Recently, I was at a dinner party, and a new acquaintance told me that he wanted to cultivate a life of childlike wonder and adventure.
I was intrigued. What an interesting aim.
I was particularly struck by his use of the adjective “childlike.” He used this phrase, “childlike wonder,” a few times, so clearly it was very meaningful to him. (This phrase also reminded me of Betty MacDonald’s remark about how she felt a “wonderful, joyous, childhood feeling of expectancy” when she went down to the beach after a storm.)
That got me thinking about the difference between “childlike wonder” and “adultlike wonder.”
Childlike wonder, it seems to me, is the wonder that comes from being new to the world, from the novelty of experience. There’s something special about the first time we do or see anything — and obviously children will be much closer to that state. Children’s wonder will be less mixed by outside associations and emotions. (By the way, novelty is very important for happiness; people who do novel things are happier than those who don’t.)
Adultlike wonder, by contrast, is the wonder that comes from experience and understanding. Some things are made more marvelous with knowledge. At the same time, adults’ wonder might be mixed with frustration, ambition, or other complicated emotions.
Imagine that a four-year-old child and an adult astrophysicist go out to gaze at a night sky ablaze with stars. The child will feel one kind of wonder; the astrophysicist will feel another kind of wonder.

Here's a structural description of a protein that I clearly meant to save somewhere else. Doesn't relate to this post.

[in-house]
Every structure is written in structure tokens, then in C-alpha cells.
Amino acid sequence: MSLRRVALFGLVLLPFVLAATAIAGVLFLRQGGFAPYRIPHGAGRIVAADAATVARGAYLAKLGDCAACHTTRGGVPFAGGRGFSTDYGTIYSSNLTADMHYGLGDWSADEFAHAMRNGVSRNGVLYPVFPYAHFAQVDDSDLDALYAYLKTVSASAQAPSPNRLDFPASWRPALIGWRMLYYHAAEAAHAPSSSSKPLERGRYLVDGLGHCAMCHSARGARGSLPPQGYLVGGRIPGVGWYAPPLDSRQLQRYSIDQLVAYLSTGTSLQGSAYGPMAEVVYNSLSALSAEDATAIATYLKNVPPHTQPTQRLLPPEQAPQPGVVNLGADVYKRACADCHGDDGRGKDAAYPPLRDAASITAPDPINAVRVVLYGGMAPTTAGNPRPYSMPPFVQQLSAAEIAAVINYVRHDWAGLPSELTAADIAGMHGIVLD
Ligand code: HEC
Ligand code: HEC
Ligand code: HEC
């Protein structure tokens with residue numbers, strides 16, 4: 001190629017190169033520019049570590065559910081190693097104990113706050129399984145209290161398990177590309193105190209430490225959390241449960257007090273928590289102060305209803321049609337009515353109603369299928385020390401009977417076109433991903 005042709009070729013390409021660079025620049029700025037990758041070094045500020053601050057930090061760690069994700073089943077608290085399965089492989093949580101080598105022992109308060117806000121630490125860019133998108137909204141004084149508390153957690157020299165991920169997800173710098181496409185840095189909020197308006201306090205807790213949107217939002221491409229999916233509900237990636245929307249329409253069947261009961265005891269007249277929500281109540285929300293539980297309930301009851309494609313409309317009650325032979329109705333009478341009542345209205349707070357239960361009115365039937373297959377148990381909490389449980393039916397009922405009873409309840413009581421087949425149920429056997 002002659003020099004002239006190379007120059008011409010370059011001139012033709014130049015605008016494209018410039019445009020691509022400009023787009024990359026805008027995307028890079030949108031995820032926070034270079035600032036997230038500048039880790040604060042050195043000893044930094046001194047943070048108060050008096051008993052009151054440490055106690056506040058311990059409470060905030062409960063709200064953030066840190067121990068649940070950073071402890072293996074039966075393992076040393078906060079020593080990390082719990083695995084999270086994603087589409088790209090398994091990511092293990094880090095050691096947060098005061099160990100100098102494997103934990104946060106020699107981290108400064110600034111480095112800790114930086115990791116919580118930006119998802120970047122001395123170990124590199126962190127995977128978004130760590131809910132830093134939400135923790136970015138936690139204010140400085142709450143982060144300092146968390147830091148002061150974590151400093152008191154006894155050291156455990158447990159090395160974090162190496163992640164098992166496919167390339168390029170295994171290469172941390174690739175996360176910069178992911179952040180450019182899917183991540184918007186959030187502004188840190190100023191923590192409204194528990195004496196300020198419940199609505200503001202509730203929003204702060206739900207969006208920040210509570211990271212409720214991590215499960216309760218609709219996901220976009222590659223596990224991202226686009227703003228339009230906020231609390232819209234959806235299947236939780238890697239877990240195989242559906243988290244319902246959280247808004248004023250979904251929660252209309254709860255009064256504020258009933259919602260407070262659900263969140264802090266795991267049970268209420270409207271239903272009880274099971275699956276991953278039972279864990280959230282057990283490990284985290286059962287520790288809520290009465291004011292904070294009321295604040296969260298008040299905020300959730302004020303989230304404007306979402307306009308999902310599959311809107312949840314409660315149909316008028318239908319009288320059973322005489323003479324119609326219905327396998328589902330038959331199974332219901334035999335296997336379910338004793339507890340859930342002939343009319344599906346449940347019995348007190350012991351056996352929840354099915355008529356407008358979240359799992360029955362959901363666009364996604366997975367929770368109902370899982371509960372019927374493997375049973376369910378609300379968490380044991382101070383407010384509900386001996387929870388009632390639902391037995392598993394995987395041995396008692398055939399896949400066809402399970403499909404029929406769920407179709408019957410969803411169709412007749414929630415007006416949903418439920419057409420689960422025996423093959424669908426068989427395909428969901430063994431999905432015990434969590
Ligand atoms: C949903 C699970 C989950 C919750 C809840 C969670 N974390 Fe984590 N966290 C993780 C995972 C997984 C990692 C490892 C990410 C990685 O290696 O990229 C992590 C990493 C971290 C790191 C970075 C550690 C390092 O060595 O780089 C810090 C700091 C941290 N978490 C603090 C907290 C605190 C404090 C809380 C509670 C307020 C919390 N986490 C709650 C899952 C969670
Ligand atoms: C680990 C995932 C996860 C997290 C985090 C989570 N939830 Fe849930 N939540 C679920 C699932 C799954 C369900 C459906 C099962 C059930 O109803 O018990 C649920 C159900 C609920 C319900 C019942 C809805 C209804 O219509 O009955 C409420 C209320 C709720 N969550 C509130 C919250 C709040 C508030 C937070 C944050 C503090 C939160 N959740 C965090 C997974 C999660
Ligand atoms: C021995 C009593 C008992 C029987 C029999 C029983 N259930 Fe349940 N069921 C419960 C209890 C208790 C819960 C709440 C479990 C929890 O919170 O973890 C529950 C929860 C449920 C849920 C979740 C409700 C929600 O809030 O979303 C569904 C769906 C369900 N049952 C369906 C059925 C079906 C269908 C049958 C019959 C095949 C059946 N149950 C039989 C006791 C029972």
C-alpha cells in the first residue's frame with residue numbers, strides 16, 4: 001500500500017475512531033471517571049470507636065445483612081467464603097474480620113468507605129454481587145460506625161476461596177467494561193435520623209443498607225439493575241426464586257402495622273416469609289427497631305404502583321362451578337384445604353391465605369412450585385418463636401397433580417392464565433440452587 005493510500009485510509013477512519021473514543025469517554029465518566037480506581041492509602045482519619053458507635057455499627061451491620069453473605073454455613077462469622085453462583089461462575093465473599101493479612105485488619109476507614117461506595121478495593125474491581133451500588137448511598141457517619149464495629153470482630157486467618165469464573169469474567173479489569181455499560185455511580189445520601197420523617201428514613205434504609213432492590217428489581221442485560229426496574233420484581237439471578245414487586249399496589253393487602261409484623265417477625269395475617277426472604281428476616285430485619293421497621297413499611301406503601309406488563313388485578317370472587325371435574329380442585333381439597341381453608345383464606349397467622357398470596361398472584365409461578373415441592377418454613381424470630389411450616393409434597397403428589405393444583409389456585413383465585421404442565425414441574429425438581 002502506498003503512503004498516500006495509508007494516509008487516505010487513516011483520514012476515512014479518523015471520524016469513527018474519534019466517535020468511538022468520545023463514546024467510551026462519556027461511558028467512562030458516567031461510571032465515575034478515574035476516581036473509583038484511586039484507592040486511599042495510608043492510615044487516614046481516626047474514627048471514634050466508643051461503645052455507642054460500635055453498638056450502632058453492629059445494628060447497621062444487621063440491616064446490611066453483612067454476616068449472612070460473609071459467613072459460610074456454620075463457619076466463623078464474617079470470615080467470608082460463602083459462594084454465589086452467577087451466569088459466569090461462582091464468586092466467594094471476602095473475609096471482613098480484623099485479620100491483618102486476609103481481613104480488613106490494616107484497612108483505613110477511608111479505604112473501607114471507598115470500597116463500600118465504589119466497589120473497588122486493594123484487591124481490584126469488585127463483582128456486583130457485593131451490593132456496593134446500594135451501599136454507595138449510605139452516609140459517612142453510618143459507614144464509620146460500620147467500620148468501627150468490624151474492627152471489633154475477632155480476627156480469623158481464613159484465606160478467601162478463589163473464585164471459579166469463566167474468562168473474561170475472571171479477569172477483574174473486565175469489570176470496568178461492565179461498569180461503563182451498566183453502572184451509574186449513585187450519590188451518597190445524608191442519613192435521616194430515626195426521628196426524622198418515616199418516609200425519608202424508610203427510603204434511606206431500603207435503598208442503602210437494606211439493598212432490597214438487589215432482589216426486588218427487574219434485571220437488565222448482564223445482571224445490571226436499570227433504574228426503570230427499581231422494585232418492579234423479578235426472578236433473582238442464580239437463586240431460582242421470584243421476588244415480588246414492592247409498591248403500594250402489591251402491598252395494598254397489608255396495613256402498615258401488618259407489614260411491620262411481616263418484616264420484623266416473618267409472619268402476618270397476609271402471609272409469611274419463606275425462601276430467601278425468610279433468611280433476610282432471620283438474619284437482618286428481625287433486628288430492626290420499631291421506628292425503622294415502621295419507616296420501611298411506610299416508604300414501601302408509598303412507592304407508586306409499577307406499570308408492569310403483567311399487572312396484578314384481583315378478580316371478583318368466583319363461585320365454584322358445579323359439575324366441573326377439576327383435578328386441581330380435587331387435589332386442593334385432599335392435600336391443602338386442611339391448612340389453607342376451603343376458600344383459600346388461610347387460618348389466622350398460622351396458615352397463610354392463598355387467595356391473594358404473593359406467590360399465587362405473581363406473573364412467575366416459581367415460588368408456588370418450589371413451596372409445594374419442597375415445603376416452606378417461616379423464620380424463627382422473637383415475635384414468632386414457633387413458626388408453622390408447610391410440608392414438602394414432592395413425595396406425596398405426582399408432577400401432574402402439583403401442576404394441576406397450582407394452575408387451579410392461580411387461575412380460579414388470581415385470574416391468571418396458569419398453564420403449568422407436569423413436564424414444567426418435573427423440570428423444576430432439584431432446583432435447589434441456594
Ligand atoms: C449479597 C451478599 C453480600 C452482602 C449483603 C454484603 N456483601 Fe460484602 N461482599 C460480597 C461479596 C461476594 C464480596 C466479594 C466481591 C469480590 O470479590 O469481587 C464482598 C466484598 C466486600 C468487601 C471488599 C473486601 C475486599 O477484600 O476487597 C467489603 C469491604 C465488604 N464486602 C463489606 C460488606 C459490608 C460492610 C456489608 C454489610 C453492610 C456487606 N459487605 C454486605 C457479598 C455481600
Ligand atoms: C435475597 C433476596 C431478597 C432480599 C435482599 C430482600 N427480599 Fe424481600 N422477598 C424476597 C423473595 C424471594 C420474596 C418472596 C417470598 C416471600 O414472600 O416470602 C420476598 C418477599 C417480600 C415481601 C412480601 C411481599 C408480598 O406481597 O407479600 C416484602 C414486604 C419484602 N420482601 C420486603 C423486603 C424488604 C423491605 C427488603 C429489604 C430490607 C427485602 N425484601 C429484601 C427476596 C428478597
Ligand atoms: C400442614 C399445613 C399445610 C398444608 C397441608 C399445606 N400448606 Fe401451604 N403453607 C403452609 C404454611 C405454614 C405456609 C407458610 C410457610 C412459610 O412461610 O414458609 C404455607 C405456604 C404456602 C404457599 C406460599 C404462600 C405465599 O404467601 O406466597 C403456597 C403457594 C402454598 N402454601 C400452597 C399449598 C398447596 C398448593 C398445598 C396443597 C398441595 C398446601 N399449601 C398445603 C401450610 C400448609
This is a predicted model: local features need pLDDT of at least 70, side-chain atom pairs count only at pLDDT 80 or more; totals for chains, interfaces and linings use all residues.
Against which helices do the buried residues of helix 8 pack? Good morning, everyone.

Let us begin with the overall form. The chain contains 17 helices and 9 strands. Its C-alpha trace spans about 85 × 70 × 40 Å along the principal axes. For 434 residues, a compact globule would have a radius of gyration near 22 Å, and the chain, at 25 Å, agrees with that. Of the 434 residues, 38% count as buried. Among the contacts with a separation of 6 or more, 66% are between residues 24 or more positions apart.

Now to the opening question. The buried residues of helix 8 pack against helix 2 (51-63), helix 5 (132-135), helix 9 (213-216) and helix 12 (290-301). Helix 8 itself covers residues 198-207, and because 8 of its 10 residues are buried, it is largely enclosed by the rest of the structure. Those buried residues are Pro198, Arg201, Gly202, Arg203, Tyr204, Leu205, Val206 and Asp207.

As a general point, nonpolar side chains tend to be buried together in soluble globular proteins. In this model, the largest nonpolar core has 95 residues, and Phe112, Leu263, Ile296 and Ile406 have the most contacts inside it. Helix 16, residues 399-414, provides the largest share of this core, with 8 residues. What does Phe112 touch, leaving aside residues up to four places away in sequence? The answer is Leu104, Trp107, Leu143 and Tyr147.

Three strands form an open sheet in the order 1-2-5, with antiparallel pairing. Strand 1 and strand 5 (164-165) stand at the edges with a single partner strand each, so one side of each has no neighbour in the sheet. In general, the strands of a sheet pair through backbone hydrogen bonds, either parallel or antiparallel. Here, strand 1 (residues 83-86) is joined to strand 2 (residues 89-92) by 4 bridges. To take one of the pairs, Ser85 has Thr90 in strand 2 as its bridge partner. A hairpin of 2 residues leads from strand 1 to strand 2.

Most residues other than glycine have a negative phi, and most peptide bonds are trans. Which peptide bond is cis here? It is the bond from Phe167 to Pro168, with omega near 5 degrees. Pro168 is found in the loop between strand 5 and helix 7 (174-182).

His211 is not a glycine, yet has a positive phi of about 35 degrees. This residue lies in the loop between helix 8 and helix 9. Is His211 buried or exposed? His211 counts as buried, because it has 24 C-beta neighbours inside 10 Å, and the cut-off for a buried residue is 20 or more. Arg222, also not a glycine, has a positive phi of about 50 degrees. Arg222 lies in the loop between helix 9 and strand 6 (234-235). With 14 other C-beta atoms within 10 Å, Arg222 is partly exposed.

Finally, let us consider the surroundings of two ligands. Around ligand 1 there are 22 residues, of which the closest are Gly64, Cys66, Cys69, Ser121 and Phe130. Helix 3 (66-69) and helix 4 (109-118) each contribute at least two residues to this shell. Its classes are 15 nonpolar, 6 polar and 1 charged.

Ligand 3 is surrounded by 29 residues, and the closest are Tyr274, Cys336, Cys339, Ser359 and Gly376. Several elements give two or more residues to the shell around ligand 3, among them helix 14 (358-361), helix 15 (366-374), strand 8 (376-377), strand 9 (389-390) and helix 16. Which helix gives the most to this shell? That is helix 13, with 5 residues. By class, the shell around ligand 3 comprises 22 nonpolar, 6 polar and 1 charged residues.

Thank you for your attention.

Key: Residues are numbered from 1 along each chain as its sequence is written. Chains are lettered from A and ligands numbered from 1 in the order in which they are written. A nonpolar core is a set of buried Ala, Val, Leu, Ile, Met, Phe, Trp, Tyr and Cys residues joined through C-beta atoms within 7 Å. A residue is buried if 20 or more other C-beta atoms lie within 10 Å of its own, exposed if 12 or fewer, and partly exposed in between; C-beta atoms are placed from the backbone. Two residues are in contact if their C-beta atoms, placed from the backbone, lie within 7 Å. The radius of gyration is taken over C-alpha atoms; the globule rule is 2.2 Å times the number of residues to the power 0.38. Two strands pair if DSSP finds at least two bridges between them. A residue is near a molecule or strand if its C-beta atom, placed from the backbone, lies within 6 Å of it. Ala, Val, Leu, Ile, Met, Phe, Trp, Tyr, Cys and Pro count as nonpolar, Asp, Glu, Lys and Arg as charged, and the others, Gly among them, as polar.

Neither kind of wonder is better, or truer, or more meaningful — but I imagine some people are more attracted to the idea of childlike wonder, others to adultlike wonder. (Once again, I find myself dividing the world into two categories. Everyone needs a hobby, I guess.)
For my part, I must say, I’m attracted to adultlike wonder. I find that the more I put into something, the more I get out of it. I wondered at the genius of Little House in the Big Woods when I was a young girl, and I wonder at it now — but because I bring so much more to the book now, as an adult, I take more from it. But it’s true, I’ll never again experience the wonder I felt when I read the book for the first time.
I can’t resist another allusion to children’s literature. In C. S. Lewis’s Prince Caspian, the child Lucy meets Aslan, the great lion who is the creator and ruler of Narnia, after some time. She tells him, “Aslan, you’re bigger.” Aslan replies, “That is because you are older,” and explains, “Every year you grow, you will find me bigger.”
What appeals more to you — childlike wonder or adultlike wonder?
Gretchen Rubin is the author of the #1 New York Times Bestseller The Happiness Project—an account of the year she spent test-driving the wisdom of the ages, current scientific studies, and lessons from popular culture about how to be happier—and the recently released Happier at Home and Better Than Before. On her popular blog, The Happiness Project, she reports on her daily adventures in the pursuit of happiness. For more doses of happiness and other happenings, follow Gretchen on Facebook and Twitter.
Image courtesy of ThePixelman.